Don’t Quit: Make Winning a Habit

image_dont-quit-make-winning-habit

Do you know anyone who is pounding the pavement looking for a new job? Maybe you know someone who has tried to quit smoking or you have a neighbor who is training for the marathon. How about someone who has received strict doctor’s orders to eat healthier and lose weight?

Over the course of our lifetime, we’ll all face situations that test our will, defy our determination, and challenge our character. Remember, even if life were a bed of roses, you’d still need to avoid the thorns.

Yet, even though our personal limits may be challenged, defeat should never be accepted as an option. Of course, that’s easier said than done –– we’re all human. Often it’s so much easier to cheat “just this one time” or to give up entirely. Who will know? Answer: You will.

The fact still remains that the difference between a winner and an also-ran isn’t always that the loser fell on hard times. Rather, the difference often lies in how the adversity was faced. While some people stare tough times right in the eye, others are quick to surrender to a challenge. Which one are you?

Are You Ready to Meet the Challenge?

Why are some people so quick to throw in the towel?

Afraid to lose. Some people give up before they even start. Their rationale is “Why make the effort when the odds of winning are stacked against me anyway?”

Lack of reality. Some folks are like a “deer in headlights.” When they’re faced with a challenge, they’re surprised, overwhelmed, and ill prepared to rise to the occasion.

Lack of confidence. Some people have a tendency to reach out for help as soon as they’re faced with a challenge. The problem is, the more reliant you are on others, the less reliant you are on yourself.

Fear of accountability. Some folks leave their future to fate. They reason, “If there’s nothing I can do to change the outcome, why even try?” Sounds like a recipe for failure. Here, the poet Nikki Giovanni offers some inspirational advice: “I really don’t think life is about the I-could-have-beens. Life is only about the I-tried-to-do. I don’t mind the failure but I can’t imagine that I’d forgive myself if I didn’t try.” Well, be prepared to give each new challenge your best shot to avoid regret.

Lack of will. Some people don’t have the stomach to face adversity. They’ve given up so many times in life that they accept defeat without making an effort. That’s when you look to a well-known song by the Rolling Stones, who point out, “You can’t always get what you want, but if you try sometimes you might find you get what you need.” Rock on!

Believe in Yourself

Are you up to the test? Although it isn’t the first time you’ve faced a challenge like this, your body reacts the same way as before. It’s like a physical and emotional tidal wave that slams into you. Your palms get sweaty, your heart starts pounding, your blood pressure starts rushing, and an adrenaline rush kicks in. “Come on,” you say to yourself, “I’ve experienced this before.” The million-dollar question is, are you going to face the test or throw in the towel?

Face the test? Good . . . but are you really committed? I’m sure you see people every day who promise to go on a diet, eat healthier, exercise several days a week, or quit smoking. The problem is that they break their promise before they even finish their sentence. What about you? “This time it will be different,” you say.

Come on, who are you kidding? We’ve been down this road before. You’ve never kept a New Year’s resolution for more than two weeks. Why even go through the hassle, knowing that you’re probably going to break your word (again)?

Okay. If you’re really serious this time, promise yourself that you won’t quit. Nomatterwhat.

Don’t let others tell you that you can’t. What do they know? Don’t succumb to the broad-based statistics. So you need a job? It doesn’t matter what the national employment statistics say –– you only need one job. Don’t use other people as a crutch. Believe in yourself. You can do it. And please don’t think your challenge is going to be easy. It won’t be. If you set realistic expectations and follow a systematic process from the start, you can do it. You can win out over challenges that you face. Here’s how:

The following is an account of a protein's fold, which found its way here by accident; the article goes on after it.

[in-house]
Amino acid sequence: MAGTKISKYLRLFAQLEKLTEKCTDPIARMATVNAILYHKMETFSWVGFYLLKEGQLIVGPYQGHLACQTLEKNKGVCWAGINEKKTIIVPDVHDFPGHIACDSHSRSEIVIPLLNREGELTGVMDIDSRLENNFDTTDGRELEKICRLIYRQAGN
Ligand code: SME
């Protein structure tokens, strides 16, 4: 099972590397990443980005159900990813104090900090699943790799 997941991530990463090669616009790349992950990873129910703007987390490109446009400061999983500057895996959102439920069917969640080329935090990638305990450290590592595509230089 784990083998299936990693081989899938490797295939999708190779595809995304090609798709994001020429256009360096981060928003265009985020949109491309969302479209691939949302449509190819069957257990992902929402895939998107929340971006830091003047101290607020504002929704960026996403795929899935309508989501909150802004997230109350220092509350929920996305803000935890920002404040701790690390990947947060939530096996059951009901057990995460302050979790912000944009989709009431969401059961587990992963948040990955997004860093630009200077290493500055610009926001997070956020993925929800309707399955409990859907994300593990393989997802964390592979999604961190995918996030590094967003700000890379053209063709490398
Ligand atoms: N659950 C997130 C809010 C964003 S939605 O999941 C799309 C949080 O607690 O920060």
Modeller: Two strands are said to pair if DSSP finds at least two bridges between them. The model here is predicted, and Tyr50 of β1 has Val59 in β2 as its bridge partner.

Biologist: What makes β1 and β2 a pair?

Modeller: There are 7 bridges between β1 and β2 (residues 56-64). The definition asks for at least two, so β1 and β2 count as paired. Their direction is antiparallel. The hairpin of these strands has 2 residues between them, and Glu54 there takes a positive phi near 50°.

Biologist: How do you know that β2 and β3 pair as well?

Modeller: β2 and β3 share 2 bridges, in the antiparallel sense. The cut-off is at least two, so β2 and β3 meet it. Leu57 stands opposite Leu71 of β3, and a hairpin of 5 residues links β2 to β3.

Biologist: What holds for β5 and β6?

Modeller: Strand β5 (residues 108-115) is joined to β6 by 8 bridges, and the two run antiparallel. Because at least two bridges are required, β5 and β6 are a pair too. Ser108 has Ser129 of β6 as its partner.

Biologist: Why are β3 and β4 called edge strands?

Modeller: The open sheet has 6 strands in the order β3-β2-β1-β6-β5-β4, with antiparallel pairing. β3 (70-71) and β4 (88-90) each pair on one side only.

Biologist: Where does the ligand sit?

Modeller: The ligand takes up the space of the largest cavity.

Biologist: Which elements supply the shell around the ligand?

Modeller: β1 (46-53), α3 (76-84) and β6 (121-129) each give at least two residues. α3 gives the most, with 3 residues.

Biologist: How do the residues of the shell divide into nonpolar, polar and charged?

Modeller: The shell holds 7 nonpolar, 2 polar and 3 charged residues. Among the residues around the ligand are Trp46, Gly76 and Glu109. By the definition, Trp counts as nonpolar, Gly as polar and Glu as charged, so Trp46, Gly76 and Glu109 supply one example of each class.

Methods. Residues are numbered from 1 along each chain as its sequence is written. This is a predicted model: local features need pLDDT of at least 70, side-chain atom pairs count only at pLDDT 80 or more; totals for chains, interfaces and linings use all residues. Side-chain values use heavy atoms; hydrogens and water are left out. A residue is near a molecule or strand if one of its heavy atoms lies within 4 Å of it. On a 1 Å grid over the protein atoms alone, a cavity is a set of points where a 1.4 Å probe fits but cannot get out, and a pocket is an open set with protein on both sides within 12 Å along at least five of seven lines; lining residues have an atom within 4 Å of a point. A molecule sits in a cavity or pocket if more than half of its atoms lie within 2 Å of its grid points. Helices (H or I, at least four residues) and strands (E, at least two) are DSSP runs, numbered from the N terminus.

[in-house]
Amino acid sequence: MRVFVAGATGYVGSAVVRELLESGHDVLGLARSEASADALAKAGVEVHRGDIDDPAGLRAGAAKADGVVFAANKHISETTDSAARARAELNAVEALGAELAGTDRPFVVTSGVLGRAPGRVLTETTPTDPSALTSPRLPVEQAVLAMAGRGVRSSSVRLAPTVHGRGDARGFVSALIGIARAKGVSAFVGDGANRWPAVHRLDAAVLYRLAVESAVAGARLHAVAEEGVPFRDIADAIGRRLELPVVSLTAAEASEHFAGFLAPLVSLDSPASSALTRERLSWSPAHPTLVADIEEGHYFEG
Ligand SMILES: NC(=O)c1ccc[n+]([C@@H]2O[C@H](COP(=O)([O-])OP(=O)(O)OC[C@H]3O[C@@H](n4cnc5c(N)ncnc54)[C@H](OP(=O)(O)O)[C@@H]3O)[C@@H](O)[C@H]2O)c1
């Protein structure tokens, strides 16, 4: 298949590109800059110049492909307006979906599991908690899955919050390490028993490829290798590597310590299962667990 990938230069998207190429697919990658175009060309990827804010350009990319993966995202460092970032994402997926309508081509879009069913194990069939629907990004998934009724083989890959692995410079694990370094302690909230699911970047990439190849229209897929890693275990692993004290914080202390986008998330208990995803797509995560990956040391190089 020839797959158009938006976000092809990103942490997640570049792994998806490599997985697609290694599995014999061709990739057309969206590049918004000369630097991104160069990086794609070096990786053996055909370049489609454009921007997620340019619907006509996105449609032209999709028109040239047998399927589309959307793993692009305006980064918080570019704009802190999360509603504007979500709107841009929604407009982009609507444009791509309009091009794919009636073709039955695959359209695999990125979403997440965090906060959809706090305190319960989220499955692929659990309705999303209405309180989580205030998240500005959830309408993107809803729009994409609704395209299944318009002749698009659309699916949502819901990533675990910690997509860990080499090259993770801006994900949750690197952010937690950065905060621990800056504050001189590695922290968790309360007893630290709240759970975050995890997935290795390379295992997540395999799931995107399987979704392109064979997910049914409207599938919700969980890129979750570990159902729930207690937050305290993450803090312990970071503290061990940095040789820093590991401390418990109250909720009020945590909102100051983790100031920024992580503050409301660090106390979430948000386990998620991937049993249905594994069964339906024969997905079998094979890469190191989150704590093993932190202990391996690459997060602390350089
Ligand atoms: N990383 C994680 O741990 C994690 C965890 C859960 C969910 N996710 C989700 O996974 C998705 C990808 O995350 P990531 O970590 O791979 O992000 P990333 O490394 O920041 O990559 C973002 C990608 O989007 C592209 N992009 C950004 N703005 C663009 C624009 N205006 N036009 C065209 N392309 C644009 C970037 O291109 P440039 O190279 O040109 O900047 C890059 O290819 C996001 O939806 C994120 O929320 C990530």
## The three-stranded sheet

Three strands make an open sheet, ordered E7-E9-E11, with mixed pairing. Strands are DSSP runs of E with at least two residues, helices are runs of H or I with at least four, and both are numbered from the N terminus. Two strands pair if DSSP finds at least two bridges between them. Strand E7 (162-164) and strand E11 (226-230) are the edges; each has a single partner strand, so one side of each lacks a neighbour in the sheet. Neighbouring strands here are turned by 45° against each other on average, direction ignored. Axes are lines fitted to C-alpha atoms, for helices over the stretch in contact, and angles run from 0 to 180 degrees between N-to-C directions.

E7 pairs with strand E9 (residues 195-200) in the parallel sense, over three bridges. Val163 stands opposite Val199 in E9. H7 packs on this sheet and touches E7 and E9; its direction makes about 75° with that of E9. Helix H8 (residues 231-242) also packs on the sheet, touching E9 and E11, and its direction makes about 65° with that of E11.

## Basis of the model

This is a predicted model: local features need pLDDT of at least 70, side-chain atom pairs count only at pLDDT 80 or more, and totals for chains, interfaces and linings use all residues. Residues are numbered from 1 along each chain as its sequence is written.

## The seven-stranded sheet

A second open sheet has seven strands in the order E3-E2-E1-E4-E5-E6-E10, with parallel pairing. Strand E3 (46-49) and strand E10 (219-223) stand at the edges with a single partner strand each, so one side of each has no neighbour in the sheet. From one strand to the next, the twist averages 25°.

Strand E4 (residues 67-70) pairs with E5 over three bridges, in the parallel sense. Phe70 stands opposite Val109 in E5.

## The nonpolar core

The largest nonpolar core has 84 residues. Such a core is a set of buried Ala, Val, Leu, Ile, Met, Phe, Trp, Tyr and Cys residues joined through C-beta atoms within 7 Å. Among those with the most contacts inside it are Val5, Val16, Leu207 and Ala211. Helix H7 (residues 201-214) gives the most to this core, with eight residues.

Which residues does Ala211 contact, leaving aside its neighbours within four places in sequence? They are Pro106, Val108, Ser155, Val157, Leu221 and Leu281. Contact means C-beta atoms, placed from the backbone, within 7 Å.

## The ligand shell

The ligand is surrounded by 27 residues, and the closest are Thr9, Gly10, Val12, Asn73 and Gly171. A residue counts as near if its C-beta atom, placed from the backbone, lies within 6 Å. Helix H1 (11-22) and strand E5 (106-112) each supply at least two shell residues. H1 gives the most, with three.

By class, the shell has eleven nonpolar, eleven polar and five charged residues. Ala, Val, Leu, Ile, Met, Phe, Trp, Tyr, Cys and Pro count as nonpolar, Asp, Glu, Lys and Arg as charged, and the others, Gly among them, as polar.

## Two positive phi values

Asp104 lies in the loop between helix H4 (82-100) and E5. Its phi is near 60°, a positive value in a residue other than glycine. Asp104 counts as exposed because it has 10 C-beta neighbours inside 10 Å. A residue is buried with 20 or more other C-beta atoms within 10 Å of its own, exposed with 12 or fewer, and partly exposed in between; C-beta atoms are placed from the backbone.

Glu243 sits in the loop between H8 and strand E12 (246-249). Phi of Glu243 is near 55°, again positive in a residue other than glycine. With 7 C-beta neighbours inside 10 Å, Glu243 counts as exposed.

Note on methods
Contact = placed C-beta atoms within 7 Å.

• First, try to break BIG challenges into bite-size pieces. They won’t seem as overwhelming and you can focus your energies rather than getting spread too thin.

  • Then, rather than setting a long-term goal for yourself, create ambitious yet achievable, short-term milestones –– quick short-term wins will keep you motivated. Make sure you celebrate every win. Don’t spend your time complaining, worrying, or finding excuses. All that amounts to is wasted energy.

  • And stop focusing on whether you’ve hit your goal. Instead, focus and measure all the positive activity and energy that you’re generating. The fact is, if you’re moving in the right direction, you’re one step closer to your goal.

Now is the hard part. Take a deep breath. Close your eyes. Create a mental image of yourself achieving your goal. Remember, when the voice whispers, “It’s time to give up,” don’t give in. When the voice whispers, “Go ahead, just one more cigarette,” or “It’s only one piece of pie,” whisper back, “Not this time!”

Every great performer, every athlete, every inventor, every entrepreneur — all share one thing in common: They achieved greatness because they had the confidence, skill, inner strength, and determination to make things happen. Something inside them said, “I’m not a quitter.”

Go for It!

So reach deep down into your soul and give it all you’ve got. There are times when you’ll reach your limit. Everything inside you will be telling you to stop and quit. It’s okay to take a rest. In fact, it’s a good idea to stop occasionally to reflect on and celebrate your progress, check out your new insights, and catch your breath.

Some people run into a wall and figure out a way to get around it. Other people brush themselves off and run into the wall again. What can you do better? What can you do differently to increase your likelihood of success?

You will be tested, but DON’T quit. Many people throw in the towel when they’re on the one-yard line, not knowing how close they are to the goal line. That’s the real moment of truth. Give it that small extra effort that will put you over your own goal line!

While determination builds character, quitting is habit forming. When quitting becomes routine, you won’t even think twice about giving up next time. On the other hand, when you overcome even an insignificant challenge, you’ll gain the strength and motivation to confront your next challenge with confidence.